Tuesday, April 29, 2008

Emergency Cash?

As much as banks make lots of money out of the money that goes through my account, they still all tempt me with account features and offers, and yesterday I received an update from Natwest Bank about the features on my account. I was very pleased to here that I had Green Flag breakdown recovery I must say, but then another feature screamed out at me with my ever-so hacker security conscious hat on.

I now have a feature called "Emergency Cash" which works by allowing me to, should I lose or have my card stolen, withdraw cash (£300) out of an any one of Royal Bank of Scotland linked ATMs without the use of a card. This morning, with that in mind I have done a little research to find out how this works and it goes like this.

Call the Lost and Stolen card line. Report card lost or stolen. Then you are offered "Emergency Cash". You then have to answer three security questions i.e. Mothers maiden name, the value of a direct debit, first and fifth letter of password, that sort of thing. You will then be issued with a PIN that is valid for three hours and one use only. Find an RBS linked ATM, press any of the six blank (numberless) keys on the pad and you are presented with an "Emergency Cash" screen.

Now, I'm not going to lie and say this is not a cool feature for a bank to offer, but on the flipside is this not a massive security risk that the bank is taking on. Let's assume that they're using a really good entropy type algorithm to generate the PINs, and still we have the weak link of a system in the bank. Take control of the banks system - not easy I know, but not impossible - you could generate numbers vast swathes of PINs and start having a withdrawal fest.

Next time I go to a Natwest machine or other RBS one I'm definitely going to have a look at getting the mysterious Easter Egg hidden features of the machine to display... I am a nerdy geek after all.

9 comments:

Anonymous said...
29 Apr 2008 09:03:00  

If someone strikes lucky and guesses a valid pin how can you prove that it wasn't you who took the dosh out?

In theory someone down on his heels could keep stabbing numbers into the RBS ATM until it pays out. Rather like a fruit machine, except you don't have to put any money in.

Ian Mansfield said...
29 Apr 2008 10:11:00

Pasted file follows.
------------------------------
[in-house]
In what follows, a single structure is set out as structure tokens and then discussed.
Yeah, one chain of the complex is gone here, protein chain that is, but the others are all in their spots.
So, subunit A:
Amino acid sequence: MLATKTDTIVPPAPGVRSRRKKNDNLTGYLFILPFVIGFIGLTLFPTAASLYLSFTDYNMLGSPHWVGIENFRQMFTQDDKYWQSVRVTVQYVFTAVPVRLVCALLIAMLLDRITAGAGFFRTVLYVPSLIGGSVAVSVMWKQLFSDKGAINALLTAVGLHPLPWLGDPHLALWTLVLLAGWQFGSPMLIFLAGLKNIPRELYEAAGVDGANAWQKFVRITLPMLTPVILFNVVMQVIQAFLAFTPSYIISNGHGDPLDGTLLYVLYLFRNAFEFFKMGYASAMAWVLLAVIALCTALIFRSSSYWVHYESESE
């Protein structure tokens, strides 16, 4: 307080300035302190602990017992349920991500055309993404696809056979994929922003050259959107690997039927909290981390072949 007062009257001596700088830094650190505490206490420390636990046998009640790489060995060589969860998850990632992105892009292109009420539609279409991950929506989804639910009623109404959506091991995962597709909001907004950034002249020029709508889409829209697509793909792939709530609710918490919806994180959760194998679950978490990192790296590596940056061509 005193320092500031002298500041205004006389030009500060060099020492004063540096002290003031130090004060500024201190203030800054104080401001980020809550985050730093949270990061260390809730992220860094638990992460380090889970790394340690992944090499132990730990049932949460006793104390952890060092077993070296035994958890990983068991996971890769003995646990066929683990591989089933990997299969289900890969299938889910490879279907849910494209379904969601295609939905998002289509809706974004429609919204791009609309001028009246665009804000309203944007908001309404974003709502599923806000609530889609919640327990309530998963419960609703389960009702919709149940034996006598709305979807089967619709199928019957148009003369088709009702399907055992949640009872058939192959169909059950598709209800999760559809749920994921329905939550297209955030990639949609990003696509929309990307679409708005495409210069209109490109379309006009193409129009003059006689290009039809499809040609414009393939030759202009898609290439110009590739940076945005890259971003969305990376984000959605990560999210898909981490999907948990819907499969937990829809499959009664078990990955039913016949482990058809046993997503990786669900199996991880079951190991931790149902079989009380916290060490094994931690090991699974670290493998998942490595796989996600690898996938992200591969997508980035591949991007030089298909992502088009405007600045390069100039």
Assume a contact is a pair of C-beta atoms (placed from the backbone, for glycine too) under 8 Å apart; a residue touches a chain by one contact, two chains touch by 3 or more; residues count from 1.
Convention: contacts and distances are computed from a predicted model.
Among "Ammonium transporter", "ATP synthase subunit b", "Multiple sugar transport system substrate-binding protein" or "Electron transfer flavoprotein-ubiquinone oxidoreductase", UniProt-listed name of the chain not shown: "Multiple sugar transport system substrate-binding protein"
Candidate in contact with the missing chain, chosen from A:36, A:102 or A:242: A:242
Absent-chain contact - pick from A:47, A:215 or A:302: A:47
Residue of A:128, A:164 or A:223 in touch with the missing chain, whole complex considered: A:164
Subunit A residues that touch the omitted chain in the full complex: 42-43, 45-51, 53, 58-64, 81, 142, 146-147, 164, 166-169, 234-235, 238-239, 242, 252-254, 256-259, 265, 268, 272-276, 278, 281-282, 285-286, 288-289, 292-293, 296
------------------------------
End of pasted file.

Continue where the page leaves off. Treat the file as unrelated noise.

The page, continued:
I wonder if I could (ahem) borrow one of those machines that randomly press buttons on mobile phones to test the durability of the keypad.

Attach to cash machine, sit back and wait.

Blue Eyes said...
29 Apr 2008 10:56:00  

Tell me your PIN and I will go and test it for you. I will only charge £300 for this service.

Charles said...
29 Apr 2008 11:40:00  

May need to try this. My card was cancelled because of fraud 3 weeks ago. New one hasn't arrived. I have no cash!

Might give it a go - will tell you if it works.

Pete Chown said...
29 Apr 2008 12:39:00  

Presumably you have to enter your account number, as well as the PIN? So to defraud the system, you'd have to know (i) someone's account number, and (ii) that they had requested an emergency PIN but not used it yet.

That doesn't sound too bad; you can't just go up to an ATM and start pressing buttons. If you do find out this information, your average payoff for each guessed PIN is £0.03 (£300 payoff divided by 10,000 possible PINs.) That doesn't sound worthwhile for an attacker.

That reminds me of something I've always wondered about PINs. Banks have millions of customers, so if they choose PINs randomly, some people will end up with things like 1234 or 0000. Many customers who are allocated numbers like that will ring up and say that the system has gone wrong (probably telling the bank staff their PIN number in the process). So do banks actually screen out numbers like that, to avoid this problem, even though in some sense it makes the system less secure because there are fewer numbers to choose from?

Not a sheep said...
29 Apr 2008 13:05:00  

What Easter Egg feature, I am intrigued... Love that sort of thing, still have a PC with Excel 97 so I can play...

Stuart said...
30 Apr 2008 13:25:00  

If 10,000 people lose their cards at the same time, then every pin will work. Bonanza!

Alex said...
1 Dec 2009 12:10:00  

I have actually been a victim of fraud using this system last week - someone removed £60 from my account and left me without a working debit card.

Alex said...
1 Dec 2009 12:10:00  

I have actually been a victim of fraud using this system last week - someone removed £60 from my account and left me without a working debit card.


 

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